by Ashley Cooksley , Elizabeth Koenig ,
July, 29,2021 - Mediapost.com
It may be hard to believe it’s a thing, but World Emoji Day was “celebrated” (is that the right word for it?) on July 17. Still, for anyone over the age of 40 or so, the fact that this rudimentary, sometimes confounding, symbol language -- started in Japan in 1999 -- has its own day is enough to trigger a flurry of eye-roll emojis.
But emojis are serious business in 2021, and marketers need to be aware of what these seemingly innocent images hiding inside our phone’s keyboard actually mean -- and how context fits into that understanding.
That was never more apparent than recently in the U.K. when, following England’s football team losing the EURO championship, a wave of disgusting racist epithets were posted on the social media accounts of three Black English players: Bukayo Saka, Jadon Sancho and Marcus Rashford.
Accompanying the awful hate speech were repeated uses of the monkey and banana emojis. The abuse was so bad that the term “Saka’s Instagram” began trending on Twitter as commentary escalated about people being so openly racist.
There have been calls to ban the monkey emoji for years. The bottom line is, emoji meanings vary, and marketers and brands’ social media managers need to exercise caution with them.
Emojis are not just happy or sad faces or fruits and vegetables. Today, they contribute to conversations in different ways. Symbolically, they communicate identity by drawing from old symbolism -- like the rose emoji, which is tied to antiauthoritarian labor movements going back to the 18th century. More notoriously, we all now know that that frog emoji known as “Pepe” represents a lot more than just a frog since being adopted by the alt right in the U.S.
Moreover, emojis today can signal particular subcultures, like the ape emoji (a reference to a meme taken from the movie “Rise of the Planet of the Apes”) signifying WallStreetBets, a subculture of investors that played a role in the recent overvaluing of stocks for companies like GameStop. Similarly, a baseball cap emoji is a new iteration of a community-specific term in hip hop that means “lie” or “BS.”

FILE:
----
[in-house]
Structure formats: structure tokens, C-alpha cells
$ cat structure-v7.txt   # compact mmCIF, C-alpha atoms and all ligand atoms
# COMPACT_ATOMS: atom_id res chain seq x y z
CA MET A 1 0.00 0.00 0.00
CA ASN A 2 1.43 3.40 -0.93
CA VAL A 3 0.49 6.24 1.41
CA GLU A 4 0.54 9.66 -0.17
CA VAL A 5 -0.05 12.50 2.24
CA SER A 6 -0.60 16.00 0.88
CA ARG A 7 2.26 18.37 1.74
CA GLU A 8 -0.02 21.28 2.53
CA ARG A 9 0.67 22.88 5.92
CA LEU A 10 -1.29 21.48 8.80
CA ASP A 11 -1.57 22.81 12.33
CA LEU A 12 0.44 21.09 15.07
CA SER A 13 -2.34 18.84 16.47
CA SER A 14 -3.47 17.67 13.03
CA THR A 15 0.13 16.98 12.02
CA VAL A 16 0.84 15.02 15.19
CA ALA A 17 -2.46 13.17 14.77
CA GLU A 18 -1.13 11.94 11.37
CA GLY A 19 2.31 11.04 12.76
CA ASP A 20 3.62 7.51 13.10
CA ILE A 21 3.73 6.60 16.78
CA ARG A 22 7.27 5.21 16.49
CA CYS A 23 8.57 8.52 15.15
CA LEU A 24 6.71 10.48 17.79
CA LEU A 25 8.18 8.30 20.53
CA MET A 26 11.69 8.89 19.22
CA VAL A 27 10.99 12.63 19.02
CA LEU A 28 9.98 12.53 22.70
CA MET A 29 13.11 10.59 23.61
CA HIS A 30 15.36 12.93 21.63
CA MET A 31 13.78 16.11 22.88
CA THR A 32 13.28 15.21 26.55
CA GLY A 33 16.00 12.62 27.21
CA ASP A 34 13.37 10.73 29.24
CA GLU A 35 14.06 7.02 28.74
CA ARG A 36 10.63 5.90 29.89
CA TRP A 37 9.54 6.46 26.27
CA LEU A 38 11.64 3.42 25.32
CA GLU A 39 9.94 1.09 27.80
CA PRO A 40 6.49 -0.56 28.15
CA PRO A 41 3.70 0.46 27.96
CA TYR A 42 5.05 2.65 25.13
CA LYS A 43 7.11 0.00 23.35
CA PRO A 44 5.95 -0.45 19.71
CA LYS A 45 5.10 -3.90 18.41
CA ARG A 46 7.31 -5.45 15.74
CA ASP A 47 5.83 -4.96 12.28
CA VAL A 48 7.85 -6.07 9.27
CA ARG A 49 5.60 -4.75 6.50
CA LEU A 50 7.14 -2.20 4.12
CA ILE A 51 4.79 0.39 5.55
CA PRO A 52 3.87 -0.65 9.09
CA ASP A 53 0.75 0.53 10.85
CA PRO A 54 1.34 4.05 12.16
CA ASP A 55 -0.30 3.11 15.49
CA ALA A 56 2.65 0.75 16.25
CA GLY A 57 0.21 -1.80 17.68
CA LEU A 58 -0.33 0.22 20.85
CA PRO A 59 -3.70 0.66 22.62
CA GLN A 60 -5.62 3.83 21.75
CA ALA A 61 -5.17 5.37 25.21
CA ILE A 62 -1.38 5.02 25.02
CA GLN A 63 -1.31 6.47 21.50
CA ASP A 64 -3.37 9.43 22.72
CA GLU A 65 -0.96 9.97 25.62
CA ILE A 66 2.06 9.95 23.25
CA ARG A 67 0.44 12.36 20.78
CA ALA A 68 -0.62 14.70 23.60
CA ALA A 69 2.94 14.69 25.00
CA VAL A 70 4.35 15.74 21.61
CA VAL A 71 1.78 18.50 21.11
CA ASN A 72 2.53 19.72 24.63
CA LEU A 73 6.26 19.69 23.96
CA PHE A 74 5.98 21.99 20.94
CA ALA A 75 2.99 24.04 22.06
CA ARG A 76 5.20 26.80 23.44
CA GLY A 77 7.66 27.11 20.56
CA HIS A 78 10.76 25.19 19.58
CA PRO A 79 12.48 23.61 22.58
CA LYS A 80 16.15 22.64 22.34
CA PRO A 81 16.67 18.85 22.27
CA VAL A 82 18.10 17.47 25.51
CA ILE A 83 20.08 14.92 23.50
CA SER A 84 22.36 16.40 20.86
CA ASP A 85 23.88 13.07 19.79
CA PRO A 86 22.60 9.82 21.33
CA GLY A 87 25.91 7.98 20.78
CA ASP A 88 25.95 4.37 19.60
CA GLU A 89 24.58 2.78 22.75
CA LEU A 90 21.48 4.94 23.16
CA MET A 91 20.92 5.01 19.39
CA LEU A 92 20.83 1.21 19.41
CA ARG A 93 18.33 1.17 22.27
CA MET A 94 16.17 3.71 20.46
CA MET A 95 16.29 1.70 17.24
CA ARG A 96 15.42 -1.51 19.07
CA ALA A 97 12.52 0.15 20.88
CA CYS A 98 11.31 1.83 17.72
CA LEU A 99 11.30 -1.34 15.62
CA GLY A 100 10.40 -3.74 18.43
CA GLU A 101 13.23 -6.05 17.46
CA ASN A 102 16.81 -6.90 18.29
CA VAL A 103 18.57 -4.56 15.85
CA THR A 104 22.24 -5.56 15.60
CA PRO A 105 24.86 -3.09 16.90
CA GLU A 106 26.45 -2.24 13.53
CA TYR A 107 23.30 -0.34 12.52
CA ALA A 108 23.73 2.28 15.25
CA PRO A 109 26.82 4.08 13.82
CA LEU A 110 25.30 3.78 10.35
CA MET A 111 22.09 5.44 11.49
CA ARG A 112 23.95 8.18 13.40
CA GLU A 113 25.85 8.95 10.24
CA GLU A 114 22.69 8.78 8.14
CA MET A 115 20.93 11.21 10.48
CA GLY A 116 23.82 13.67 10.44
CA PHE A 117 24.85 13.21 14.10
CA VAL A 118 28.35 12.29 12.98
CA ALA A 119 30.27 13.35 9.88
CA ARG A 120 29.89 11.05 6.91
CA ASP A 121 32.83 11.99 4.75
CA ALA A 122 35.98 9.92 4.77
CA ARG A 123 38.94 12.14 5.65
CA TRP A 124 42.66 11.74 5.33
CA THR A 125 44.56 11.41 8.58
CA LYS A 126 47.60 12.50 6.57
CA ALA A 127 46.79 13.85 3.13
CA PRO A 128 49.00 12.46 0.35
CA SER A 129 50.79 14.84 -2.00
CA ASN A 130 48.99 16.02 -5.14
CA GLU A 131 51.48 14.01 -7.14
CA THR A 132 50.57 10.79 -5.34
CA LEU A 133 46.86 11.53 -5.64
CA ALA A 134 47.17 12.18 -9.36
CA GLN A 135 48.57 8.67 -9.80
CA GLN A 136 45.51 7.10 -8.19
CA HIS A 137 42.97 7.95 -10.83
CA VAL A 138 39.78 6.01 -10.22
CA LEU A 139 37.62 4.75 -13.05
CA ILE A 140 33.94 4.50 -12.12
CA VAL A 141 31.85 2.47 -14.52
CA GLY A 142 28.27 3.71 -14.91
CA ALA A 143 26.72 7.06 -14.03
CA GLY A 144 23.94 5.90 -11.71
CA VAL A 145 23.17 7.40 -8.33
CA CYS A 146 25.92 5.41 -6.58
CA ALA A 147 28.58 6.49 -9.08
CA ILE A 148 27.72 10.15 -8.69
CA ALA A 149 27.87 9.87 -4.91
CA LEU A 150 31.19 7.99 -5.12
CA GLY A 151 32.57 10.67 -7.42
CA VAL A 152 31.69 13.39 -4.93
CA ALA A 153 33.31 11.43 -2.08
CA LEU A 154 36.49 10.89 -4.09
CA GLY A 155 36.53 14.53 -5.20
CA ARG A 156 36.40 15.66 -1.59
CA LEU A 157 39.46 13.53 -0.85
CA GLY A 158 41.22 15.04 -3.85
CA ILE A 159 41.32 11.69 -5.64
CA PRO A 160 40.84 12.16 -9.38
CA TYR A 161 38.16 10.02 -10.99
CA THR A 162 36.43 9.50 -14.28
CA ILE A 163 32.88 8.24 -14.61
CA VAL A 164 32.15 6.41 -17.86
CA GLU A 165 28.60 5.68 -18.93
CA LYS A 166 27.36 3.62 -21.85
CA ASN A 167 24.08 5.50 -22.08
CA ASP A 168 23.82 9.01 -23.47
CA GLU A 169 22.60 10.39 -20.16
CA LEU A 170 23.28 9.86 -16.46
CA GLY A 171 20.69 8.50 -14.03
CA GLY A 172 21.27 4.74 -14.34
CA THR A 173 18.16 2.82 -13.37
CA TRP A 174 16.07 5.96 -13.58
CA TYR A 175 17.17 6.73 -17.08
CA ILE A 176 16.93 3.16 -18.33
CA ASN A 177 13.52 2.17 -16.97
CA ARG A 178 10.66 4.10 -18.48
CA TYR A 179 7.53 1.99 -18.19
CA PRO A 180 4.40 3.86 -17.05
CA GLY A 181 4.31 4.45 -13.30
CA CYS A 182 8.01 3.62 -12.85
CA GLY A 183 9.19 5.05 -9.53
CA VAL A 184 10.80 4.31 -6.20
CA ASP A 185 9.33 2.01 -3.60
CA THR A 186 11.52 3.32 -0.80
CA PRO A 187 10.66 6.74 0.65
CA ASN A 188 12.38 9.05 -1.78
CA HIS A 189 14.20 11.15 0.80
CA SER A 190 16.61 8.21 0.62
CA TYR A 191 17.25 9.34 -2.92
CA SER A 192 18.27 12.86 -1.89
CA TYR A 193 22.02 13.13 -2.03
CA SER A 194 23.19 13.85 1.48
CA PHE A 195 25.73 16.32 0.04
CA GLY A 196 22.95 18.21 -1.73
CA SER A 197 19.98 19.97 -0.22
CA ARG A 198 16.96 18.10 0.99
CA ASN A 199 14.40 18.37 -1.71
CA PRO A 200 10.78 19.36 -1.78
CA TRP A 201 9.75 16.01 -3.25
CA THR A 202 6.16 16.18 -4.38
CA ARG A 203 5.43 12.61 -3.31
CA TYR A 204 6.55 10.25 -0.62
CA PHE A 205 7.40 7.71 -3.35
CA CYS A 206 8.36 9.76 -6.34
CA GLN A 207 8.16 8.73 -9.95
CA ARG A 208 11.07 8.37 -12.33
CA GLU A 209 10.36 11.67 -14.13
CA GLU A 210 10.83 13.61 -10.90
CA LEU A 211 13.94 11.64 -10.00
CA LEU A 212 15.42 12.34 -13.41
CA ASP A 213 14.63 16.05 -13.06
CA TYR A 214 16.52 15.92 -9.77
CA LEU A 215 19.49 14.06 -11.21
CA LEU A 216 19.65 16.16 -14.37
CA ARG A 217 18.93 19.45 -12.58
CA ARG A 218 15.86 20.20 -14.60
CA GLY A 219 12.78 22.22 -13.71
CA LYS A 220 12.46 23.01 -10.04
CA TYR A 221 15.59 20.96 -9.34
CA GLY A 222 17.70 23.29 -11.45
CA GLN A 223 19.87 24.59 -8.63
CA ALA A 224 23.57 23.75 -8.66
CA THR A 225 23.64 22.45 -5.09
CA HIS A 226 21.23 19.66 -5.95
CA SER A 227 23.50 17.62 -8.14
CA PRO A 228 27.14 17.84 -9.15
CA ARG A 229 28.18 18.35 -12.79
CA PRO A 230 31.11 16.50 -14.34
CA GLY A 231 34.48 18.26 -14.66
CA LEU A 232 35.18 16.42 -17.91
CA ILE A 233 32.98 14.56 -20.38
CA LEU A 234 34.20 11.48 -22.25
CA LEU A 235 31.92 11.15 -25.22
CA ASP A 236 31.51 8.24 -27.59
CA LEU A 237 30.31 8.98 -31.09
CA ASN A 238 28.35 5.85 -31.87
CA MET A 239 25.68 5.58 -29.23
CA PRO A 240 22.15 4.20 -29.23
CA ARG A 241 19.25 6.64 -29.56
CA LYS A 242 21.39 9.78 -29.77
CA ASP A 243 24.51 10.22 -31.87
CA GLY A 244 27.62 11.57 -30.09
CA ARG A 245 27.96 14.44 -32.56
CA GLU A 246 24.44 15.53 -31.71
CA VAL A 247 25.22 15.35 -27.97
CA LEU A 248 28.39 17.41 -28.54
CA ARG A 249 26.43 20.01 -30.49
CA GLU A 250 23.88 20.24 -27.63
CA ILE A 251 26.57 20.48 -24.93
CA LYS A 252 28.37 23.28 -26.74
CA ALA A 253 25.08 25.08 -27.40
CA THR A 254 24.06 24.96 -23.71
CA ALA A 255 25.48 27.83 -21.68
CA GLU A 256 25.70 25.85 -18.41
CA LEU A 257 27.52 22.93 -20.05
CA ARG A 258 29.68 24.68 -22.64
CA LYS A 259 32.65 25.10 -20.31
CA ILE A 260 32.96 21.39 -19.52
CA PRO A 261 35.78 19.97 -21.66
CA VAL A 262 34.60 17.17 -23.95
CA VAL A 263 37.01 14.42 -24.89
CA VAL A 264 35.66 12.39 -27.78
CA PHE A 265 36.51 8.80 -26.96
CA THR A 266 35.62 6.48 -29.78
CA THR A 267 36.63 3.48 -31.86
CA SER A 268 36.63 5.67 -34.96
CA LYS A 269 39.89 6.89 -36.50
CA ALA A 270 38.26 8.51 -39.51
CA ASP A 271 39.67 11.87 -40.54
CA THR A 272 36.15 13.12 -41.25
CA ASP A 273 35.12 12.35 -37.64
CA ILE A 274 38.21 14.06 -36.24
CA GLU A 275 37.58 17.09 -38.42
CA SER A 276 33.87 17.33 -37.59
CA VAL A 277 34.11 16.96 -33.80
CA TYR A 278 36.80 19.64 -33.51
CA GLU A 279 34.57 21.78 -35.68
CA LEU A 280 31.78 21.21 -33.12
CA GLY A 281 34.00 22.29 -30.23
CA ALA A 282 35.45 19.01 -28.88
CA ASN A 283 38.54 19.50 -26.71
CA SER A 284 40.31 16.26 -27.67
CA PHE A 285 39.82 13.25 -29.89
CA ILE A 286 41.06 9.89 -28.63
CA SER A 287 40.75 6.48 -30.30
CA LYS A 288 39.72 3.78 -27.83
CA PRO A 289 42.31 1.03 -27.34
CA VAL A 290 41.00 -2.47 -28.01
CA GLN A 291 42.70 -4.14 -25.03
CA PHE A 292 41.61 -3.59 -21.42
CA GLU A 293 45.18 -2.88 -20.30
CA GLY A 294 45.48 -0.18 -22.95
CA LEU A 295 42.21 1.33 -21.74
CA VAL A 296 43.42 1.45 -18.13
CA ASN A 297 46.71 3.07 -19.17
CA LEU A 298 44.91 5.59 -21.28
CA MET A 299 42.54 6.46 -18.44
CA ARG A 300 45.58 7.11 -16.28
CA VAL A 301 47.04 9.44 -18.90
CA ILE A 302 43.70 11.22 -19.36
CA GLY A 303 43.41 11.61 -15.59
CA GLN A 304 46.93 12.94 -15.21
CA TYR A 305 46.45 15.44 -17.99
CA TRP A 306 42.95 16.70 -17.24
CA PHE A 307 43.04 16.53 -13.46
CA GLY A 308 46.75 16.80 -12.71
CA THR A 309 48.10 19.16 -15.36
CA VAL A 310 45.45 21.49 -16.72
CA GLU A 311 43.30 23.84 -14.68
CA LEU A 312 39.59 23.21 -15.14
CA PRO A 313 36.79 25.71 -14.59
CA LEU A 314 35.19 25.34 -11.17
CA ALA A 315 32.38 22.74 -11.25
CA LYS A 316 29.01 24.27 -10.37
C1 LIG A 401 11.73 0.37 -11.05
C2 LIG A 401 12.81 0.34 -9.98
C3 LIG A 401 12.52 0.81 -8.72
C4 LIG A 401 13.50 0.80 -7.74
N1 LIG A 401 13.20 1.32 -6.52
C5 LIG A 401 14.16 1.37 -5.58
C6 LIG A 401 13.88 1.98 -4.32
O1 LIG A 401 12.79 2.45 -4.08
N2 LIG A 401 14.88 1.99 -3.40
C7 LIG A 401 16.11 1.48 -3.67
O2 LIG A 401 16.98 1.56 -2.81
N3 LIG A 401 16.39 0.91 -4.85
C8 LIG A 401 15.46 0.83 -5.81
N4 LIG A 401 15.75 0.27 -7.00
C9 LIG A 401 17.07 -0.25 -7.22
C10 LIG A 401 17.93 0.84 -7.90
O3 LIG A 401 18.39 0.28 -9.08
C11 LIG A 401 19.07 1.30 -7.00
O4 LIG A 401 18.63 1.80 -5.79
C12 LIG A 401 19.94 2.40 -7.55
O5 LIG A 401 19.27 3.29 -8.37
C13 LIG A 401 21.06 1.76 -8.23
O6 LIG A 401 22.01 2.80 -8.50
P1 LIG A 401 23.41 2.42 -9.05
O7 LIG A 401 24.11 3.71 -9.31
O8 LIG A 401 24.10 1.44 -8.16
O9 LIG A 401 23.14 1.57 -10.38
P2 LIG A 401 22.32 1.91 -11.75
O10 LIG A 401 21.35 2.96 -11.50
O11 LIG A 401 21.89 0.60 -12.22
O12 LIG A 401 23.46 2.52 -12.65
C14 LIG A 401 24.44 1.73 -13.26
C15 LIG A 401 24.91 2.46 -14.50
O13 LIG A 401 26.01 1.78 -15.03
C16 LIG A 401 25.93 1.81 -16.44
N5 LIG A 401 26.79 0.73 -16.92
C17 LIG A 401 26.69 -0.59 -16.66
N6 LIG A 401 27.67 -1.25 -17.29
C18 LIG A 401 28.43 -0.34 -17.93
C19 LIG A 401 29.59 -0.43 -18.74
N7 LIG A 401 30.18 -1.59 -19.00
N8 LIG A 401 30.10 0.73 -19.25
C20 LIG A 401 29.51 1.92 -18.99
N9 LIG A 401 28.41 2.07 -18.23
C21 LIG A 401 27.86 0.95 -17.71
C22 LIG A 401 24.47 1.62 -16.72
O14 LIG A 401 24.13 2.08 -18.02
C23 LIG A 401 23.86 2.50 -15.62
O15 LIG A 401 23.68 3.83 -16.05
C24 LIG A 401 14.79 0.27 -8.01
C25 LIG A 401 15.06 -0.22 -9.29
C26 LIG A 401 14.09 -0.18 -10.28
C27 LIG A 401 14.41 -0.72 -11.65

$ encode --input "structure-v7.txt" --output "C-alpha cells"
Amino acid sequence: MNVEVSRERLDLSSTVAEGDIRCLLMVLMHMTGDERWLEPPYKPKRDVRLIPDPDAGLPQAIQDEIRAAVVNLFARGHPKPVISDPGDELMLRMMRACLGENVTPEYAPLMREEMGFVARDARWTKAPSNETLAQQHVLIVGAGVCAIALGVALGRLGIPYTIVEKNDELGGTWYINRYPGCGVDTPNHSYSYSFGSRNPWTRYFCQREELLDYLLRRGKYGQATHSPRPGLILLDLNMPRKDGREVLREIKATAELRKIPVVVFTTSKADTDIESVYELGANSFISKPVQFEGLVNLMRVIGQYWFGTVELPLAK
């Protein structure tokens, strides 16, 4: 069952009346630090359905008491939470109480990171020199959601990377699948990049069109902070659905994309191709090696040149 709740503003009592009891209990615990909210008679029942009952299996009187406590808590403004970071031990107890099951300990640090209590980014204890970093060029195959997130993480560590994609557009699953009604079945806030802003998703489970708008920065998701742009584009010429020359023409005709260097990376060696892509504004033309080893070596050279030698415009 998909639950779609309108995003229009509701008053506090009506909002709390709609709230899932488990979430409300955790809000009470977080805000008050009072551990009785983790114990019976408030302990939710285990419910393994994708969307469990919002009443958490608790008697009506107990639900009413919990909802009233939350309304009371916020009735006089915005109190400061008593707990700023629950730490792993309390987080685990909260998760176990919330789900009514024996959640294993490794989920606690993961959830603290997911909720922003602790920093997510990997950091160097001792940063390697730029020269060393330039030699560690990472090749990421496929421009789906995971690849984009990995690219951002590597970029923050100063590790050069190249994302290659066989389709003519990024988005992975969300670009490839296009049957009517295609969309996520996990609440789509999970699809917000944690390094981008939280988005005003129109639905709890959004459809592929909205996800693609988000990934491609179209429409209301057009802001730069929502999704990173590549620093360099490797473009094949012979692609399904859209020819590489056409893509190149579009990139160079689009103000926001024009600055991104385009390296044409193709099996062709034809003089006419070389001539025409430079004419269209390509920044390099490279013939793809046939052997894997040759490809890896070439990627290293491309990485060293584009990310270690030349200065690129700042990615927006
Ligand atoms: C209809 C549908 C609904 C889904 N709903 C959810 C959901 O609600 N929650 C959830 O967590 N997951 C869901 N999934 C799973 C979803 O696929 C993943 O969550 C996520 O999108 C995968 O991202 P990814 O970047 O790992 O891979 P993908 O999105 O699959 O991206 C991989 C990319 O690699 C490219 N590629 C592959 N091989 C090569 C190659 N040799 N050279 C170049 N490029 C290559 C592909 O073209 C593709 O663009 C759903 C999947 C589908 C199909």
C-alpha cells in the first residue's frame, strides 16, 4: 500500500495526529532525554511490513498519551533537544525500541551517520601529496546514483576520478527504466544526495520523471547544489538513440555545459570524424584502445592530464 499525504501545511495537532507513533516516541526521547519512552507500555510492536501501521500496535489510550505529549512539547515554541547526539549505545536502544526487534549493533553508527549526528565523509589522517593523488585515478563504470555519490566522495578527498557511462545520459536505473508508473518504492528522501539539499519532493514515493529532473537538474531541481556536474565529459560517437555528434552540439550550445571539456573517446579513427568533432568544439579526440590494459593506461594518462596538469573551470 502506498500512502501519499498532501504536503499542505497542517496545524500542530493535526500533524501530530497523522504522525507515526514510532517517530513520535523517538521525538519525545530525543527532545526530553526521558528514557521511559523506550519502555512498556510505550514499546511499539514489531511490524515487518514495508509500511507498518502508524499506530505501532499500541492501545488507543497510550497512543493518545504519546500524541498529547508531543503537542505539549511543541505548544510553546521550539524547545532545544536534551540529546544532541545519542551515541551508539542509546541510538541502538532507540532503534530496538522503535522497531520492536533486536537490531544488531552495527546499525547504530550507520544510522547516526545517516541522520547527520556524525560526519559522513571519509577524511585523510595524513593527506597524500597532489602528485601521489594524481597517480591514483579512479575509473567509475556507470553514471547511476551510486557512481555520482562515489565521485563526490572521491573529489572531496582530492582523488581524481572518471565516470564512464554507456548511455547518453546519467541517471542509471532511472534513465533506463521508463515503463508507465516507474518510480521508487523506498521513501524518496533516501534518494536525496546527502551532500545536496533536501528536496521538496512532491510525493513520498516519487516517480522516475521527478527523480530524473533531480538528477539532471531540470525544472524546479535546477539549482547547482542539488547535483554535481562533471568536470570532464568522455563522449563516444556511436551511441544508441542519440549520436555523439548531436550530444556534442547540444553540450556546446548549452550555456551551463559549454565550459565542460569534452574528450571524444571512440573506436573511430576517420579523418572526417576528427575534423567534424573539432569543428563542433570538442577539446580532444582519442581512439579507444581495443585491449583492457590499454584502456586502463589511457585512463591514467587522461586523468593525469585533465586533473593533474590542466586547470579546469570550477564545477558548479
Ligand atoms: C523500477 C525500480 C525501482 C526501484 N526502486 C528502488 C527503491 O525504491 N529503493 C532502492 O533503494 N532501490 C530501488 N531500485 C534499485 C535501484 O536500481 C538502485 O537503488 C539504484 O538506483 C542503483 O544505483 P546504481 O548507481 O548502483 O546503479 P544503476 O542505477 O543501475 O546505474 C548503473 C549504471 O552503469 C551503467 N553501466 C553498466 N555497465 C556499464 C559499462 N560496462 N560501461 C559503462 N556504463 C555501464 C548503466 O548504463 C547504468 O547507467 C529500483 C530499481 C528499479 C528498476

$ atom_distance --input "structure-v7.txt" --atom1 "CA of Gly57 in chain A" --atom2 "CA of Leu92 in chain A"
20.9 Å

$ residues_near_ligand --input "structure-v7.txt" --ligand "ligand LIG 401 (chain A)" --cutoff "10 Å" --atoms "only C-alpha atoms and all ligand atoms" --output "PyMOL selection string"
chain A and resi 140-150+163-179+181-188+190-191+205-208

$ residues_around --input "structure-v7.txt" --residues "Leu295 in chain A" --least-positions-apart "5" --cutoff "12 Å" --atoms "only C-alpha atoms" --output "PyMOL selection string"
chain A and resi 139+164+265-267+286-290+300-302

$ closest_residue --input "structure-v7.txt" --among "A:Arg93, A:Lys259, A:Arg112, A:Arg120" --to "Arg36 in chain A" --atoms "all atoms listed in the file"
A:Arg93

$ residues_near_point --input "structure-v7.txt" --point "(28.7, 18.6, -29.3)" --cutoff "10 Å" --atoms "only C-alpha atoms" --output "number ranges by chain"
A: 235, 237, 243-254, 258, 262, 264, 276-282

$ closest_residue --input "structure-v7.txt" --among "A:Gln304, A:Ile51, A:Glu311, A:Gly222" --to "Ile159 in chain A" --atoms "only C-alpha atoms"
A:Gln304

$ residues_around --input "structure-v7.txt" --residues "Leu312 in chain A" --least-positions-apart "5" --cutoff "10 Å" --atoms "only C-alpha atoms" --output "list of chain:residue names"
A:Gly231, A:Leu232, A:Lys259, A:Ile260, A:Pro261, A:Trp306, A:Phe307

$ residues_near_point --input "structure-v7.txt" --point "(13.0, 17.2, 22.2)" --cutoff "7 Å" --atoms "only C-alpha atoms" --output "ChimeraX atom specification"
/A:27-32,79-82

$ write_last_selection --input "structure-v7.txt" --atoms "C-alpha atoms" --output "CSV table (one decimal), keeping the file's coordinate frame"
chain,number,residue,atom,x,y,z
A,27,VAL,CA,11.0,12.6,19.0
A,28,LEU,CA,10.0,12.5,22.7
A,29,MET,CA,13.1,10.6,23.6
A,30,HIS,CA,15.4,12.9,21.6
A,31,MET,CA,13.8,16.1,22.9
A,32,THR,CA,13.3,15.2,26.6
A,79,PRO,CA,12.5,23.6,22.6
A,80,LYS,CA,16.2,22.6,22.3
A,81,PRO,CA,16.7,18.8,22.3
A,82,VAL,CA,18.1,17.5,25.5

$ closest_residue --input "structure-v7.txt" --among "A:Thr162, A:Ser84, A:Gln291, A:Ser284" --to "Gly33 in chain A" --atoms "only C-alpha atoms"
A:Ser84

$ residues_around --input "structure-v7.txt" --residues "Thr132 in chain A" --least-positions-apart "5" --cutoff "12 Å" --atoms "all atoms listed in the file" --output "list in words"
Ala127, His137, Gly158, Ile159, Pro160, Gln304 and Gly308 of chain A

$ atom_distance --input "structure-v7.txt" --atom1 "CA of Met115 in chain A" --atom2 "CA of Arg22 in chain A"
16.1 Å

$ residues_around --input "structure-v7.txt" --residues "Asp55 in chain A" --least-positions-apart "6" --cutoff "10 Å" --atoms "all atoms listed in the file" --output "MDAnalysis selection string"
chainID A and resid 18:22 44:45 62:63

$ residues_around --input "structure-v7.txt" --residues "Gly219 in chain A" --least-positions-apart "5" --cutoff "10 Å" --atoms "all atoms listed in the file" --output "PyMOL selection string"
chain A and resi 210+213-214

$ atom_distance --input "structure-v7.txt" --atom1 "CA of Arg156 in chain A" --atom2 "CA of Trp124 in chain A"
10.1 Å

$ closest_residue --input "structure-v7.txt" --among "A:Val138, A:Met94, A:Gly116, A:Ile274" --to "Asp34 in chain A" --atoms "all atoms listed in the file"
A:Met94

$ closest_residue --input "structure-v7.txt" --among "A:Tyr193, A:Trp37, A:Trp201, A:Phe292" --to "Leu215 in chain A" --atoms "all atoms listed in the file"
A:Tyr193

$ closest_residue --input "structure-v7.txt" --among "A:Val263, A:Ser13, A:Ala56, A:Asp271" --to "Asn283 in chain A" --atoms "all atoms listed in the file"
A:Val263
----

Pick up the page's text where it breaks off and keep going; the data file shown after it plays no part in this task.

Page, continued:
Language is always changing to adapt to cultural shifts. Merriam Webster adds many new words to the dictionary every year. Since emojis are also a language, meanings change over time and new emoji are added to reflect changes in culture as well.
For example, the popular “crying/laughing” emoji has been replaced by Gen-Zers with a skull emoji or “I’m dead” as a substitute. The two fingers touching emoji is used to show feeling shy, or timid. And the brain emoji -- well, let’s just say it has nothing to do with intelligence (on platforms like TikTok, this emoji represents "giving head.")
Brands need to be aware of these shifts in emoji use to better understand what is being said about their brand and products. Moreover, if brands are looking to create a credible voice online, they need to understand the context surrounding emojis. After all, it’s possible that baseball cap emoji may just be referring to your favorite American pastime.